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Jameis Winston shows no fear toward NFL or its best QBs

Bucs fans, already with an eye on the No. 1 pick, display photos of FSU’s Jameis Winston, left, and Oregon’s Marcus Mariota late last season.
Bucs fans, already with an eye on the No. 1 pick, display photos of FSU’s Jameis Winston, left, and Oregon’s Marcus Mariota late last season.
Published Feb. 21, 2015

INDIANAPOLIS — He talked about winning the Super Bowl. Next year. Forget Marcus Mariota. He said he's coming for Peyton Manning and Tom Brady. He even mentioned wanting to be in the Pro Football Hall of Fame.

Jameis Winston says it's important for him to be the No. 1 overall pick and the face of the Tampa Bay Buccaneers.

But before that face is placed on the side of the building — Raymond Jameis Stadium? — Winston knows he has to earn the team's trust.

"It's important because I know how hard I've worked, and it would be a privilege to get accepted by the Glazer family in Tampa," Winston said Friday. "I know I have to gain their trust. I know I have to gain a lot of people's trust. But whatever happens, this is just my opportunity, and I'm going to take advantage of this opportunity because this is what I dream of. I dream of being a Hall of Famer one day, and I dream of being the face of someone's franchise."

Winston, who lost only one game in two seasons at Florida State, began his NFL career Friday by winning his news conference.

He quelled the hysteria created by a report that surfaced hours earlier and said he had been sent to an Indianapolis hospital to determine the cause of weakness in his shoulder.

"I've been playing football since I was 4 years old and (the) shoulder has been fine," said Winston, who said he would participate in today's passing drills against Marcus Mariota at the NFL scouting combine. "Same shoulder that I had the last two years at Florida State."

Winston even poked fun at speculation that he was out of shape, fueled by an unflattering picture taken of him more than a month ago.

"A lot of people thought I was fat," said Winston, who weighed 231 pounds at the combine. "But I'm proving everybody wrong. I look good and I know it."

The bigger concern for NFL teams is Winston's troubling past. On Friday, he did not specifically address the accusation of sexual assault on another student that was investigated by prosecutors and a student conduct board — both of which decided charges weren't warranted. He didn't talk about the $32 in crab legs and crawfish he took from a Publix without paying. He didn't reference his one-game suspension from the team last season for standing on a table on campus and yelling a profane sexual phrase.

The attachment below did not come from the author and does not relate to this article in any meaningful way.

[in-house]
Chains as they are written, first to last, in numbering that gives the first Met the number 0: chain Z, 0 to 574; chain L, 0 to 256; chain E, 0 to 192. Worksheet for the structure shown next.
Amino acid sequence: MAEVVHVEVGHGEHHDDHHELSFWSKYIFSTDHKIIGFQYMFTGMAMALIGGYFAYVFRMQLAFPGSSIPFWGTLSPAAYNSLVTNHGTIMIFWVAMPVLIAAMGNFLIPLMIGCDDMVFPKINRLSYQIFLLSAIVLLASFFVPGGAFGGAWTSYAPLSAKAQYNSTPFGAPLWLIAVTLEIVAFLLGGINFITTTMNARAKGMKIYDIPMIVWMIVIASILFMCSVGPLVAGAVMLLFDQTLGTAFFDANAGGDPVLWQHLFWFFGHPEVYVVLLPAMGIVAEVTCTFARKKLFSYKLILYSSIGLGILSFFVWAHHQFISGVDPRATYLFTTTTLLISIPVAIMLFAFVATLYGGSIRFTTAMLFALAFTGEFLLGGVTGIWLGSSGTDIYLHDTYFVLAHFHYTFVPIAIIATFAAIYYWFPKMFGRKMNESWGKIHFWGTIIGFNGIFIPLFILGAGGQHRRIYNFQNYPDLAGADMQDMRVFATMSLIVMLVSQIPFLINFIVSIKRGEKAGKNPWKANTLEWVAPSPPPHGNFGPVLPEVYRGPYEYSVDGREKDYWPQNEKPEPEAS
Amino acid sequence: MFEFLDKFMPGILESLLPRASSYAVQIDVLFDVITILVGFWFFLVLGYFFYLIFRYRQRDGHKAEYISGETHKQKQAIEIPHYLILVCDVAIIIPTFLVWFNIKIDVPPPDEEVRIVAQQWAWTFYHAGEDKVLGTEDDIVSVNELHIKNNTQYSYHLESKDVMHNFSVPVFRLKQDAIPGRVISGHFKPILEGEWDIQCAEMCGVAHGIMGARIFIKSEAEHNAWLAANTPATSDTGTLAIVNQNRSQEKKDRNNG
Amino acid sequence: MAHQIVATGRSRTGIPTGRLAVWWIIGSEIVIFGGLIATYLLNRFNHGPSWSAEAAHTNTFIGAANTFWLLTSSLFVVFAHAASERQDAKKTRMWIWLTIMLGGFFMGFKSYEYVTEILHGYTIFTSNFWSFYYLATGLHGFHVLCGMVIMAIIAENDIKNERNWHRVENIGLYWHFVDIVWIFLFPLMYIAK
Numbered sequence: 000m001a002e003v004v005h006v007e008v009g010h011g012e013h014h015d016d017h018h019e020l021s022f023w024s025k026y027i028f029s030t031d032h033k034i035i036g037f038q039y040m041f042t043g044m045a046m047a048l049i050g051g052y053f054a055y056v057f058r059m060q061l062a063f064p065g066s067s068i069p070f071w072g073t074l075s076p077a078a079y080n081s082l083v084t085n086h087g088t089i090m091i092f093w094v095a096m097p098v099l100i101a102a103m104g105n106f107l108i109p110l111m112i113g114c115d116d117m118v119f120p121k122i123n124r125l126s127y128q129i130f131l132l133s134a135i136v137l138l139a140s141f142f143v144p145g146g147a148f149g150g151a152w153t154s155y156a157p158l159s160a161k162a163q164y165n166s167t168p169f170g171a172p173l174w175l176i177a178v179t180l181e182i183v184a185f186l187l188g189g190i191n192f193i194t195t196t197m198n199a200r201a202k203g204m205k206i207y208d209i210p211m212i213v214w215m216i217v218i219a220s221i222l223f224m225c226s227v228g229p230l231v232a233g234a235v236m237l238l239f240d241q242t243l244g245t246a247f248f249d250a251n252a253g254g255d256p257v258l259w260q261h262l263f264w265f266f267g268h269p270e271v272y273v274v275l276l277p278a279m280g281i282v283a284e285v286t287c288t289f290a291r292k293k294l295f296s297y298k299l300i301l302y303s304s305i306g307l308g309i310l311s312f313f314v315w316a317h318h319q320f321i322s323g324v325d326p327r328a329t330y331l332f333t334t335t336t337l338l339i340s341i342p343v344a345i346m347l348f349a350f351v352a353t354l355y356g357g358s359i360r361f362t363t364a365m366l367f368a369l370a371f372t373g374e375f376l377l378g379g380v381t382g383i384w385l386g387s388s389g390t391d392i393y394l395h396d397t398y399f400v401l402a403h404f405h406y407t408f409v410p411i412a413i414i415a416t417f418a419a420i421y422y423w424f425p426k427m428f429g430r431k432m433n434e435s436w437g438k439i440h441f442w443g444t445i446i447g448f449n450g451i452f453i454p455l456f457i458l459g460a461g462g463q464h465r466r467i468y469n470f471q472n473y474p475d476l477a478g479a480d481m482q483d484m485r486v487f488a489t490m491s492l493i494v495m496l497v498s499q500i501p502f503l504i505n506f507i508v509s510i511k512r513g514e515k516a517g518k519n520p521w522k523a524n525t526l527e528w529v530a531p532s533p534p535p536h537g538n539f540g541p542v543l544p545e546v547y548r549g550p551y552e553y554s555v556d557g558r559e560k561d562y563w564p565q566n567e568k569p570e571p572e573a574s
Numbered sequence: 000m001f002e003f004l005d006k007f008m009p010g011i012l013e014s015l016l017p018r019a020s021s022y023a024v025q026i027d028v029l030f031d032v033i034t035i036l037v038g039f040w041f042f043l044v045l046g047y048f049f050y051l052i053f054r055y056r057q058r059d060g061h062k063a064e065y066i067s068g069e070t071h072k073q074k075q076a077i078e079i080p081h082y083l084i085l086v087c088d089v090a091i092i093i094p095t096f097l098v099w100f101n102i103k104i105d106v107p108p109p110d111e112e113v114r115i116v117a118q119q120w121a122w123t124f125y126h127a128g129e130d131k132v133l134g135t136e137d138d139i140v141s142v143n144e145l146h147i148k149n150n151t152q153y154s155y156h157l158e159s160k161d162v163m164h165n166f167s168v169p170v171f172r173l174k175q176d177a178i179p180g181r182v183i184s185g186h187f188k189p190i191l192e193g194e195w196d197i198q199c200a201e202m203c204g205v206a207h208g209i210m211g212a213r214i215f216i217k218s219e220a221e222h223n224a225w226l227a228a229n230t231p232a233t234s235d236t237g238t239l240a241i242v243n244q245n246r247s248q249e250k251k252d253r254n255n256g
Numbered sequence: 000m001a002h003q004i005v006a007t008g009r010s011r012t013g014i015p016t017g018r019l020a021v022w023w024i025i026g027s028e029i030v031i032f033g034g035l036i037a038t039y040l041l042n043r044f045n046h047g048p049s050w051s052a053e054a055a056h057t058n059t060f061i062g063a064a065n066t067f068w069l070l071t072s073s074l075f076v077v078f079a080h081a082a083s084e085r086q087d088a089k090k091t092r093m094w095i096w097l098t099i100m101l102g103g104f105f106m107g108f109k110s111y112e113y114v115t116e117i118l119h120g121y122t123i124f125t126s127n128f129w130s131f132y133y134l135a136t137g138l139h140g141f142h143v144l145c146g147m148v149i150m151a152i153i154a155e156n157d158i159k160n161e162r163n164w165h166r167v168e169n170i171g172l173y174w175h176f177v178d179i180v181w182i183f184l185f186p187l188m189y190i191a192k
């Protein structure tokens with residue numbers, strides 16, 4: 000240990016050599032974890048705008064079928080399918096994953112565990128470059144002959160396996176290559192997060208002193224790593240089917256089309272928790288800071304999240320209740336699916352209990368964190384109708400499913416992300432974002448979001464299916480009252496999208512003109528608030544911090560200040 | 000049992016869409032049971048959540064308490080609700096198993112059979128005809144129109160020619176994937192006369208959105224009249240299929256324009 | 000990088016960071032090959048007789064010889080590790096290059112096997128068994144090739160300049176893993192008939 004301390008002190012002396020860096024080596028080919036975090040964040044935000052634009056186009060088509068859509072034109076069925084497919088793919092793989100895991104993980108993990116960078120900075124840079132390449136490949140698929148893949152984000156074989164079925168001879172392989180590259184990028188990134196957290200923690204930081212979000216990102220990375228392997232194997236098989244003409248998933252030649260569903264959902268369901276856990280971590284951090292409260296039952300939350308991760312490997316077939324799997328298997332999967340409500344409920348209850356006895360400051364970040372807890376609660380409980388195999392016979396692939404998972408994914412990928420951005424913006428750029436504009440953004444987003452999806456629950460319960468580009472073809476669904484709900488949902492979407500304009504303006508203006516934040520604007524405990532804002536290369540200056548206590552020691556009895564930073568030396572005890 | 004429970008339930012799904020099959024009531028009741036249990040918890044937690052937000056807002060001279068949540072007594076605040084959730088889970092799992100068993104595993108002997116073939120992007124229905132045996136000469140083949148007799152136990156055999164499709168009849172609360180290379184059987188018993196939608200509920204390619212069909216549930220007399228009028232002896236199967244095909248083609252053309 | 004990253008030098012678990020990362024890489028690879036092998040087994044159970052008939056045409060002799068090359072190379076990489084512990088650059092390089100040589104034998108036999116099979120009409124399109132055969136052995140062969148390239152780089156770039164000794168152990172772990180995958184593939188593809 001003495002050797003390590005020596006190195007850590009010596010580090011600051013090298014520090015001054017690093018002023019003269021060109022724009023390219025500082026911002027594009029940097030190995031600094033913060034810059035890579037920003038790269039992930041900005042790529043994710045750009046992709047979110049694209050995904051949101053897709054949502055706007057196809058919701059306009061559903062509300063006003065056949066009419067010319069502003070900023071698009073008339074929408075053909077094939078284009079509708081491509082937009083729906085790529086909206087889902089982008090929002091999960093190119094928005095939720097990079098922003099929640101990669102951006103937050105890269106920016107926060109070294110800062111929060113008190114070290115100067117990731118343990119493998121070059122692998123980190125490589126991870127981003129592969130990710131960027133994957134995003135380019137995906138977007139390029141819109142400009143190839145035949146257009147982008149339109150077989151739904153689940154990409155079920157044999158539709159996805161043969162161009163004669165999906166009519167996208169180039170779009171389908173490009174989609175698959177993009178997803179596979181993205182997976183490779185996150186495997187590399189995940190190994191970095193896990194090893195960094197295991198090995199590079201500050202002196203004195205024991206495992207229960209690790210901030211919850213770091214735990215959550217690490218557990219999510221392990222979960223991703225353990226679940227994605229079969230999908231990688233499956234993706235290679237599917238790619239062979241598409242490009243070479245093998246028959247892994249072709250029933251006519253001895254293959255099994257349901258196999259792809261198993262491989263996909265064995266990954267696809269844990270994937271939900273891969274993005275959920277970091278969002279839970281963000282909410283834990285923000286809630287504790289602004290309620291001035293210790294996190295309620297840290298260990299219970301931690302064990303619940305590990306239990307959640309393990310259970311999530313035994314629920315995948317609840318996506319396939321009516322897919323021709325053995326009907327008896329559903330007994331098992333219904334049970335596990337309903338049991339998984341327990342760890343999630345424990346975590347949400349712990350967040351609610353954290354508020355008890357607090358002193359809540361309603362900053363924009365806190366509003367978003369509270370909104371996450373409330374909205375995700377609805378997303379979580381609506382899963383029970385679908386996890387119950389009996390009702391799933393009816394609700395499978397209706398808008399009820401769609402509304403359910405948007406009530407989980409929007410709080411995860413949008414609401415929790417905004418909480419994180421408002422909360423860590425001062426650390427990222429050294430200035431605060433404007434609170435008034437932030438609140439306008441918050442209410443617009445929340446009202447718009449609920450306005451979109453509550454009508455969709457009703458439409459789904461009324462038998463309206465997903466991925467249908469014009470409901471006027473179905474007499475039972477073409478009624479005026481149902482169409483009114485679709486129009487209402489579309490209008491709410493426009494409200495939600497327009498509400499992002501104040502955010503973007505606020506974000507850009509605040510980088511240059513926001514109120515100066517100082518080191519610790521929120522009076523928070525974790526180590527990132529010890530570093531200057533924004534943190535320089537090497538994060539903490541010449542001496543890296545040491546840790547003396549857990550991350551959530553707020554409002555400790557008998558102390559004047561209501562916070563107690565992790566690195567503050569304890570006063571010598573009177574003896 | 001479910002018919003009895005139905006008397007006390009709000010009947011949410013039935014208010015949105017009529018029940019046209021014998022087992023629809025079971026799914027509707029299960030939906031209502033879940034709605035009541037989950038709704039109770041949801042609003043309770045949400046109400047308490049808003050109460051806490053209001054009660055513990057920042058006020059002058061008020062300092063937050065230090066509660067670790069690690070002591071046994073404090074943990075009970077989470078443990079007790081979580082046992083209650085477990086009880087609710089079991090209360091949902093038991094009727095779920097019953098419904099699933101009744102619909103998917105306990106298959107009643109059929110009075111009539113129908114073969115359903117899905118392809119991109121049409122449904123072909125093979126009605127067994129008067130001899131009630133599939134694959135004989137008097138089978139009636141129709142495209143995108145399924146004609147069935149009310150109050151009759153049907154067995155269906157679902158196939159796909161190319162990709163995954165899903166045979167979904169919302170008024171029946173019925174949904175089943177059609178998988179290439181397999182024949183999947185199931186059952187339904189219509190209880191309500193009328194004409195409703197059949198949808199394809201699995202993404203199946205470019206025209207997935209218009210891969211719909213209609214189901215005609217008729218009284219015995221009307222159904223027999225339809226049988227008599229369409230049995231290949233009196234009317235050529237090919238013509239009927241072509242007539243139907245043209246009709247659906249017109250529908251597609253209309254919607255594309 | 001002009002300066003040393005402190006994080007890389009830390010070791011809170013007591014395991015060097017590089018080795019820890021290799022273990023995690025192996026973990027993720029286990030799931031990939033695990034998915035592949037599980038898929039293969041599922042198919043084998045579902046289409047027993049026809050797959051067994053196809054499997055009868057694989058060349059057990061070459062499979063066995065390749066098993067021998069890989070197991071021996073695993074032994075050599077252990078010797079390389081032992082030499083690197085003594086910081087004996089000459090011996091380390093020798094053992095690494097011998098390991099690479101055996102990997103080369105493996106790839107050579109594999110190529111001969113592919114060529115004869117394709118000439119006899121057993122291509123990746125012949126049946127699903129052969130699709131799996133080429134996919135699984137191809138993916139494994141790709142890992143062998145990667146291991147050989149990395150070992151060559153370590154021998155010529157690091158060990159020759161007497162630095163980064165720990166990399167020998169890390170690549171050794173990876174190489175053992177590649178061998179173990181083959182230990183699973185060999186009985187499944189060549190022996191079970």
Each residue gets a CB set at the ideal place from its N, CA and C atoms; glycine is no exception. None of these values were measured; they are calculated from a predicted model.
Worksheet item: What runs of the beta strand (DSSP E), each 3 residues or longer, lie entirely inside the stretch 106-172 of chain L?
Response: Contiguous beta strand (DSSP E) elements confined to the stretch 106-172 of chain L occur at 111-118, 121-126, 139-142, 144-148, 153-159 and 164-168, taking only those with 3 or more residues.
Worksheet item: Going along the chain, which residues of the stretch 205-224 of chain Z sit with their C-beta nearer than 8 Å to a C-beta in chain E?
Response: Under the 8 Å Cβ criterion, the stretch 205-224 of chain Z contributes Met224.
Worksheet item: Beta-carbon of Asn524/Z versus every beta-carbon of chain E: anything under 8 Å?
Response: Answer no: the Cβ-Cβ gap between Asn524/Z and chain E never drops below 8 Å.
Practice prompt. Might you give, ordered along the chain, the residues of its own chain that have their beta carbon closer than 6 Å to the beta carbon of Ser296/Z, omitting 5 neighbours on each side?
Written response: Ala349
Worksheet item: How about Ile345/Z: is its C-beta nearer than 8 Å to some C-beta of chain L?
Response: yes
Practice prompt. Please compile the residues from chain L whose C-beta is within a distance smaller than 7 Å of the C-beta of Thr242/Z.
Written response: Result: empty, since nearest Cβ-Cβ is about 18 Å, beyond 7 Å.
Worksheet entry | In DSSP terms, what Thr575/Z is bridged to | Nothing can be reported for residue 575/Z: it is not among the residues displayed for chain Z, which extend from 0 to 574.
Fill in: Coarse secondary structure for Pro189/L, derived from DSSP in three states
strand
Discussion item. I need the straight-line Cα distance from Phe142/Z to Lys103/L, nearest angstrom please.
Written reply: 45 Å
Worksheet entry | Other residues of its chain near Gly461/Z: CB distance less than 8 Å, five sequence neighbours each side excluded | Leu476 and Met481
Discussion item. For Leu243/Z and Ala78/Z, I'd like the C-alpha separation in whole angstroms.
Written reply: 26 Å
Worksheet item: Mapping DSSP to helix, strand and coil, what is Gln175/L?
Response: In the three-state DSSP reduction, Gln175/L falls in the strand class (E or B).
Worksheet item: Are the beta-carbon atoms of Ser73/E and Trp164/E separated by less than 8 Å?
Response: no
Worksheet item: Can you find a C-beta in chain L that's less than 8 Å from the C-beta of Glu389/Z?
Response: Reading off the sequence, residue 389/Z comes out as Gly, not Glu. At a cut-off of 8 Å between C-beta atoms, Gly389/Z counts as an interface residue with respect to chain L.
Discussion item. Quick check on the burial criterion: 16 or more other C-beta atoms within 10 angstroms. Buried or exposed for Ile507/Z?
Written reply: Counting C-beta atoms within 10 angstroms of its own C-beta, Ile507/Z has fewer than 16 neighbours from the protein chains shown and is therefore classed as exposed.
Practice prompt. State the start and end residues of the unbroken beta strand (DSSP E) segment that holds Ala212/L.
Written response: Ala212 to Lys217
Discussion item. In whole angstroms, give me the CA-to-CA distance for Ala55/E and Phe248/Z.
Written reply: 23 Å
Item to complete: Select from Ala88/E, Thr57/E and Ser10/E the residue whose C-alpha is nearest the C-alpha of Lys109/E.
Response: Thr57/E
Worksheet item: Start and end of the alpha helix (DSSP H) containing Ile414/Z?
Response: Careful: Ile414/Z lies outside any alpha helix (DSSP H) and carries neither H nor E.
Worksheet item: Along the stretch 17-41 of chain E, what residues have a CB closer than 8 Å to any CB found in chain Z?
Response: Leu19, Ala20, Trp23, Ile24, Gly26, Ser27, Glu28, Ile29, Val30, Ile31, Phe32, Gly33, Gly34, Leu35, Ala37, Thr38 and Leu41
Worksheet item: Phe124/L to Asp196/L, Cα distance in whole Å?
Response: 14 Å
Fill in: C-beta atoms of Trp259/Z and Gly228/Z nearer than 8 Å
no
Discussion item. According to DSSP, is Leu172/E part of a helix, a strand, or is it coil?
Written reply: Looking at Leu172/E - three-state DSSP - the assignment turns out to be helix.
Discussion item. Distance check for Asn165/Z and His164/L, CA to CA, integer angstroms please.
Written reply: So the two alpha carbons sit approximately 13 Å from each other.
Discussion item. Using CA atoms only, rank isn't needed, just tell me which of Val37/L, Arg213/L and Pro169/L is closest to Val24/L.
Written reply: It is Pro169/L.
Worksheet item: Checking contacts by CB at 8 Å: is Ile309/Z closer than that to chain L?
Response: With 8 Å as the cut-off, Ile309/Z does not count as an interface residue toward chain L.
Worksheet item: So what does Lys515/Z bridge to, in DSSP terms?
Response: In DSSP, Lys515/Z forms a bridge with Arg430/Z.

"I want to let you all know, I know I've made mistakes, and I know I have a past," Winston said.

"What I do tell (teams) is I have to earn your trust and I can't talk about situations or anything like that in the past. But what I can do is prove to you and let you watch me grow to being the face of your franchise. … I got to do everything by my actions and it's not time to explain everything I'm going to do. But when I do get to a city and to a team, I plan on getting involved in the community and create and imagine, a positive image, and put everything else behind me."

The Bucs plan to draft a quarterback with the No. 1 overall pick, either Winston or Mariota. Today's passing drills in Lucas Oil Stadium will offer another comparison. But Winston made it clear beating the NFL's best quarterbacks is what he's gunning for.

"This is not no competition just between me and Mariota, because one thing about me, I plan on winning the Super Bowl next year so it's going to be Jameis versus Peyton Manning and Jameis versus Tom Brady. I want to be viewed like that," Winston said. "After all this combine stuff, you're not going to hear no more about Jameis Winston and Marcus Mariota. But I want my name to stay relevant the next 15 to 20 years of my career."

A pitcher at FSU with a 95 mph fastball, Winston said this is the first time he has ever had an entire year to focus on being a football player. He said he is taking the NFL scouting combine very seriously.

"Of course I want to make a first impression because first impressions last a long time," he said. "But I also want to be about what I'm saying. I'm a young man. But now I'm going to the next level to take a grown man's position. And that's important to me. Football is my passion. I've been doing this since I was young and I know the responsibilities that I have to take upon when I'm going be the face of someone's franchise."

Contact Rick Stroud at rstroud@tampabay.com and listen from 6 to 9 a.m. weekdays on WDAE-AM 620.